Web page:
Mazda will preview its next-generation Mazda6 sedan at the upcoming Tokyo Auto Show with an all-new, four-door concept car. Dubbed Takeri, the sporty concept features handsome new exterior styling, a sporty interior and several applications of Mazda's gas-saving SkyActiv technology.
Announced ahead of its December debut in Tokyo, the concept's most striking feature is its flowing exterior lines, which are derived from the automaker's "Kodo" design language. In front, onlookers will instantly notice the Takeri's broad wheel arches and Mazda's signature grille, while unique rear styling includes a sweeping roofline, thin tail lights, and aggressive trunk lines which emphasize sportiness. The concept also wears gray-painted alloy wheels and thin, sleek side mirrors designed to improve aerodynamics.
Inside, the concept takes an even more radical turn. Seating is provided by four chiseled white bucket seats, leaving no space for a third rear passenger. Controls are sparse, with most functions apparently absorbed by a trapezoidal center-mounted screen tilted towards the driver. But the most distinctive feature is a sweeping interior line that runs, unbroken, across both doors and the Takeri's dashboard, giving occupants the feeling of being in a cockpit.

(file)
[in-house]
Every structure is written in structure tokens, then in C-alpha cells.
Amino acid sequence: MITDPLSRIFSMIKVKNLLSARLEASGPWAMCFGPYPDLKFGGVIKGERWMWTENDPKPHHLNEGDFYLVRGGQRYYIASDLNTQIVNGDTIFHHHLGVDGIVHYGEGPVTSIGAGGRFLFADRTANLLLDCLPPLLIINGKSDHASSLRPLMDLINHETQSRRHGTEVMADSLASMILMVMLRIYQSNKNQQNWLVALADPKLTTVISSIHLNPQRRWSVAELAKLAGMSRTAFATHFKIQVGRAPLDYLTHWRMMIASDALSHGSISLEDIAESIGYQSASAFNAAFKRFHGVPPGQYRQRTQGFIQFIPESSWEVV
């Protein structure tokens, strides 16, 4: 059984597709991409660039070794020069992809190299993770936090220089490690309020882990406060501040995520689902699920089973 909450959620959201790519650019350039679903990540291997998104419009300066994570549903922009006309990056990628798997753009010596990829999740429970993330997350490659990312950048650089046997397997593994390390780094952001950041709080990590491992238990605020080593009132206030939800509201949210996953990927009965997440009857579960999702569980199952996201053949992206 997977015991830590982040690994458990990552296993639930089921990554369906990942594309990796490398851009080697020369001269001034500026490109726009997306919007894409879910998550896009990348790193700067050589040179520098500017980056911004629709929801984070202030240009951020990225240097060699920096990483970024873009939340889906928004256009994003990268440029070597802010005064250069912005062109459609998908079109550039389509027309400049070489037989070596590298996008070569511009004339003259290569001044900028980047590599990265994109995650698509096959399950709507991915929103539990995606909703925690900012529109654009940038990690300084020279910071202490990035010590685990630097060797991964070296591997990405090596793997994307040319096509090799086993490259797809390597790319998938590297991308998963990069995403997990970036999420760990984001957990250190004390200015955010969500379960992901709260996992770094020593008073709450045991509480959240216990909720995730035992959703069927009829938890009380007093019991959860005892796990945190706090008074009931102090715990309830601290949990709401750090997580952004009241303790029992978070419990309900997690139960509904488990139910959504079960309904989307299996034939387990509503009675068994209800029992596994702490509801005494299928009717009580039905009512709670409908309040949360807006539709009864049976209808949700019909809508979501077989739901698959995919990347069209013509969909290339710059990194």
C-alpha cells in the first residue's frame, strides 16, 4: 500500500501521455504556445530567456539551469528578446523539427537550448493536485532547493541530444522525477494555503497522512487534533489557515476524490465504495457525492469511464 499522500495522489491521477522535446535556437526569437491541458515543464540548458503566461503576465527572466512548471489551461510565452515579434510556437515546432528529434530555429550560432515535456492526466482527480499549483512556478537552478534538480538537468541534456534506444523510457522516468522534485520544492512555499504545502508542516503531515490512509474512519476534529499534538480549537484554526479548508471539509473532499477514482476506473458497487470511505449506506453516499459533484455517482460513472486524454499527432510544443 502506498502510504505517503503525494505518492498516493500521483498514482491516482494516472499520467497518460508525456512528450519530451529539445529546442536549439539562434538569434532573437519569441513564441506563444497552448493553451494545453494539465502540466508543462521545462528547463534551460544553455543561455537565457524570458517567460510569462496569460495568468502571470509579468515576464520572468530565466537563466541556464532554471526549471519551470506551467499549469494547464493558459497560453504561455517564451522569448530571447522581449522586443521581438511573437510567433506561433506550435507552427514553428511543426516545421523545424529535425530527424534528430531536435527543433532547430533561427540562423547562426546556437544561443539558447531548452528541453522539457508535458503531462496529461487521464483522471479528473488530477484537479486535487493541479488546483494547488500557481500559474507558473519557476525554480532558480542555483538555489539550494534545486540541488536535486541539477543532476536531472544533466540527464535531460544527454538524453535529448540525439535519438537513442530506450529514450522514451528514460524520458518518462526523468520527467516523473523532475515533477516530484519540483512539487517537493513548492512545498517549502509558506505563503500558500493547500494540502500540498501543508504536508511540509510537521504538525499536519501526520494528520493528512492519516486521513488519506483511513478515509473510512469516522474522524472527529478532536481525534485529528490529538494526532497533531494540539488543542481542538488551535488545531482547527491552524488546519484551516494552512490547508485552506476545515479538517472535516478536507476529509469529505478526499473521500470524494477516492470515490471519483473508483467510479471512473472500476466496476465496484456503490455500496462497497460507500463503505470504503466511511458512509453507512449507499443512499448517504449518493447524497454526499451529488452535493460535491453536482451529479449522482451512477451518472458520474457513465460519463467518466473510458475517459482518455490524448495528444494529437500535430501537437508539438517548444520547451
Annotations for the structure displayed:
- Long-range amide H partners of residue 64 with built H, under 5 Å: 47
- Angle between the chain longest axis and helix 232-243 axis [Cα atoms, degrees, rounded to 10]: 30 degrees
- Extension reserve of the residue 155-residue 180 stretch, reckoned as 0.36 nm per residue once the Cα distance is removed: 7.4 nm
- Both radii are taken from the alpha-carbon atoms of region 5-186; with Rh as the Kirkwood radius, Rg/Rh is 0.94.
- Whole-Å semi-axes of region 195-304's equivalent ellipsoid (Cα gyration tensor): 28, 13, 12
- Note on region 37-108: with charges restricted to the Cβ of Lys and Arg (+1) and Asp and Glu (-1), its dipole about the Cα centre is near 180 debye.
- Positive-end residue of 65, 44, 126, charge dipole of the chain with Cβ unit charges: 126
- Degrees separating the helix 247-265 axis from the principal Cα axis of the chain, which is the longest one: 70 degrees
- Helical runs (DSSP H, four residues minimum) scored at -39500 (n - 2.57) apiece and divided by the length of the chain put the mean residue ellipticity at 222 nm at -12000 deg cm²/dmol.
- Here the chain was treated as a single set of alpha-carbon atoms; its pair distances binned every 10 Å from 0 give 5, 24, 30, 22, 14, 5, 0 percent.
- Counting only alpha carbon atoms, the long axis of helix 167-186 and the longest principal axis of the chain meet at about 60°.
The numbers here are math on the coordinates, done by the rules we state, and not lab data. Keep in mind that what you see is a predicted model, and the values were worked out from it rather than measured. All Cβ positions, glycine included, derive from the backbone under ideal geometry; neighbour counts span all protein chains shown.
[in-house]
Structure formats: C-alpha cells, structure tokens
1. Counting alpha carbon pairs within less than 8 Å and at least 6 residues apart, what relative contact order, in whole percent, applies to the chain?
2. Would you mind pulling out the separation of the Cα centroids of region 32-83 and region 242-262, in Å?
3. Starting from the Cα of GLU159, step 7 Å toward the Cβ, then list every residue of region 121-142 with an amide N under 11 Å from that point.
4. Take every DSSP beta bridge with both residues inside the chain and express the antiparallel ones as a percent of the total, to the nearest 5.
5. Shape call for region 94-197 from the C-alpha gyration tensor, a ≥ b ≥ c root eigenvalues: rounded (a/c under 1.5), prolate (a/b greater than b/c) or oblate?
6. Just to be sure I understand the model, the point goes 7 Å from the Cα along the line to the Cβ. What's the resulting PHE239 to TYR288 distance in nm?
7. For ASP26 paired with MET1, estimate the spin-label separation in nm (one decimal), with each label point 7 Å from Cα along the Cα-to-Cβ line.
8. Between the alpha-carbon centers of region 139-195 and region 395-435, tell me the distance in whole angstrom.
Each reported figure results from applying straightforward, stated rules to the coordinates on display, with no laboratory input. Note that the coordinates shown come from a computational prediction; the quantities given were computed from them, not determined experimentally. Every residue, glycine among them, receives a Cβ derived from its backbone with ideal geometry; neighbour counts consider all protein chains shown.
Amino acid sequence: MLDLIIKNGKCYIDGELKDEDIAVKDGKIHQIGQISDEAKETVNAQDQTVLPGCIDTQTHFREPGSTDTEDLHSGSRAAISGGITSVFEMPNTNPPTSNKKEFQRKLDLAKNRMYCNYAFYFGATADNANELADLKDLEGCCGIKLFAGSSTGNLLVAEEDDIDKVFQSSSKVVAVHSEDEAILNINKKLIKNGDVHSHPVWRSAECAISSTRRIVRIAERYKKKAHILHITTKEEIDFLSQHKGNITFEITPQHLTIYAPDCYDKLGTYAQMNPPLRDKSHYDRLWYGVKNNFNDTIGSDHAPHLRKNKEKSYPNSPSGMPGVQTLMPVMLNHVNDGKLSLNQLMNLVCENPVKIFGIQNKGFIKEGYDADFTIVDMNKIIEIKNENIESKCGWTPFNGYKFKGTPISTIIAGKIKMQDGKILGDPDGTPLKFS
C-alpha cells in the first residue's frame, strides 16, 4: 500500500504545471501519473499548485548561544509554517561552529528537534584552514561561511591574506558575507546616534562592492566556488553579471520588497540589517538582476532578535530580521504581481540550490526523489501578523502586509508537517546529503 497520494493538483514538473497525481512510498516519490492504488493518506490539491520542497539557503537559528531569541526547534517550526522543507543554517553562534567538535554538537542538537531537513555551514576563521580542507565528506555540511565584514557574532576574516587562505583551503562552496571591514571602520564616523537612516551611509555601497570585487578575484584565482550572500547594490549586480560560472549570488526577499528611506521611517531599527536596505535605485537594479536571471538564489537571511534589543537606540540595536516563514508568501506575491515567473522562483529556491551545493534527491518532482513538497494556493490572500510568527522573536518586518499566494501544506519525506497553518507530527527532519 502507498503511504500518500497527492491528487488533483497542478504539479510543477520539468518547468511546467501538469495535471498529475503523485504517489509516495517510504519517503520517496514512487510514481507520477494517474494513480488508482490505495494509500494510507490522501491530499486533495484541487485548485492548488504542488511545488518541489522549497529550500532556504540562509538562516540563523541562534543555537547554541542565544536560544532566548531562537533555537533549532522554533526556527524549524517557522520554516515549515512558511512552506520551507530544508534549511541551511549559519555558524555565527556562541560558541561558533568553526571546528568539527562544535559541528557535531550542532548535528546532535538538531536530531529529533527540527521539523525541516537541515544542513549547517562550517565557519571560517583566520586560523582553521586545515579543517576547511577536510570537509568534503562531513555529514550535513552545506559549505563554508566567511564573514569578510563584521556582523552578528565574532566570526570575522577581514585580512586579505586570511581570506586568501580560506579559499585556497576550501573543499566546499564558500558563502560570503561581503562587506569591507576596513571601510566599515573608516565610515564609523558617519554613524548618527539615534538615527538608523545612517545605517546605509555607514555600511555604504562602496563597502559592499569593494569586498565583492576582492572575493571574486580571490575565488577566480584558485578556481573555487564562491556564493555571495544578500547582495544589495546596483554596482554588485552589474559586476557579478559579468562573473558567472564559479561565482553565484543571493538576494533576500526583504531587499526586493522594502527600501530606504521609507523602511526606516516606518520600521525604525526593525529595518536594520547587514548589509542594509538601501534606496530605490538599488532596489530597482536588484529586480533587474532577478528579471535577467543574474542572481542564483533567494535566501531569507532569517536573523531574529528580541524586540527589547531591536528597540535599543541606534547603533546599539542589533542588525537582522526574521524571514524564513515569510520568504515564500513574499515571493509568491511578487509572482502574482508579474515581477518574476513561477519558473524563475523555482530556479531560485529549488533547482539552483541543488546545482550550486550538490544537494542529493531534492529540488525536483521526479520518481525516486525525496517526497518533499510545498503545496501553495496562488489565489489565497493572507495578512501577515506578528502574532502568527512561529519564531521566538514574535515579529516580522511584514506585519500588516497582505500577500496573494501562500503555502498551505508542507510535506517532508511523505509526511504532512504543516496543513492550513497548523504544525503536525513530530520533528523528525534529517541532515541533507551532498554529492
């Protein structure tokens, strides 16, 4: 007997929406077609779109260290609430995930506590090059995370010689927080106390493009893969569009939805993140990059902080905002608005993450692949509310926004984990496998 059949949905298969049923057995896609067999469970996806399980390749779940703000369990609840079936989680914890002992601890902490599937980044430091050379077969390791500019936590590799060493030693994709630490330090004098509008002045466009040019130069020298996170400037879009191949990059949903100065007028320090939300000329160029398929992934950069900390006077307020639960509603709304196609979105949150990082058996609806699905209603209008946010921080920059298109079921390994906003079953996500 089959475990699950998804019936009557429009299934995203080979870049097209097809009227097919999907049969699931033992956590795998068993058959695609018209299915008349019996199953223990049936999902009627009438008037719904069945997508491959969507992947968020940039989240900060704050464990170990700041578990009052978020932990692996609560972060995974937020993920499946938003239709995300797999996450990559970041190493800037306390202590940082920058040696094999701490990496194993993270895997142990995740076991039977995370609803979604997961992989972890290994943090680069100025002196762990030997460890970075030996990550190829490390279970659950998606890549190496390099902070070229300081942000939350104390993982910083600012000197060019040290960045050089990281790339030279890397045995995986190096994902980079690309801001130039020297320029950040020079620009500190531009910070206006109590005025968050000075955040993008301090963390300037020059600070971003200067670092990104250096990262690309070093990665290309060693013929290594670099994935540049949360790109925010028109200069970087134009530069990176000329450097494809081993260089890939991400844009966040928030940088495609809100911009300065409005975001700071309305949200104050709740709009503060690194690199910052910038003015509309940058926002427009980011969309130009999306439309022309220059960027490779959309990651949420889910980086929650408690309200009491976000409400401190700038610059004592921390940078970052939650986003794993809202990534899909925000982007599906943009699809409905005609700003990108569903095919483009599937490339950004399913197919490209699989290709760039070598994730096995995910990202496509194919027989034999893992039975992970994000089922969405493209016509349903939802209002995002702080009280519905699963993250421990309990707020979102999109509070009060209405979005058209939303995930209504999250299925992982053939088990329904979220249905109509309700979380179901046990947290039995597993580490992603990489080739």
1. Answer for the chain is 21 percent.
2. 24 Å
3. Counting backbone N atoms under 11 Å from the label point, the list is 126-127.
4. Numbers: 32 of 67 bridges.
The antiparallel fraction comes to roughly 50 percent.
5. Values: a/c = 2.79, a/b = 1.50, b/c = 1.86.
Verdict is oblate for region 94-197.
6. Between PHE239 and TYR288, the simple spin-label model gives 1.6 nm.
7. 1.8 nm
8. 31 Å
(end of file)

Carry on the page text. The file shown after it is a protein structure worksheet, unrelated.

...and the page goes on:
The automaker is also touting the concept car's use of its fuel efficient Skyactiv technology. According to Mazda, the Takeri features the automaker's first-ever regenerative braking system, which harnesses braking power and turns it into usable energy capable of powering the vehicle's electronics. Other SkyActiv features making an appearance on the Takeri include the automaker's new diesel engine, start/stop technology and a lightweight chassis designed to improve fuel economy without sacrificing crash protection.
We expect a production version of the Takeri - likely with a full rear bench seat and a few other modifications - to replace the Mazda6 late next year or early in 2013. Introduced for 2009, the current Mazda6 represents the second generation of the midsize sedan, which replaced the 626 in 2003.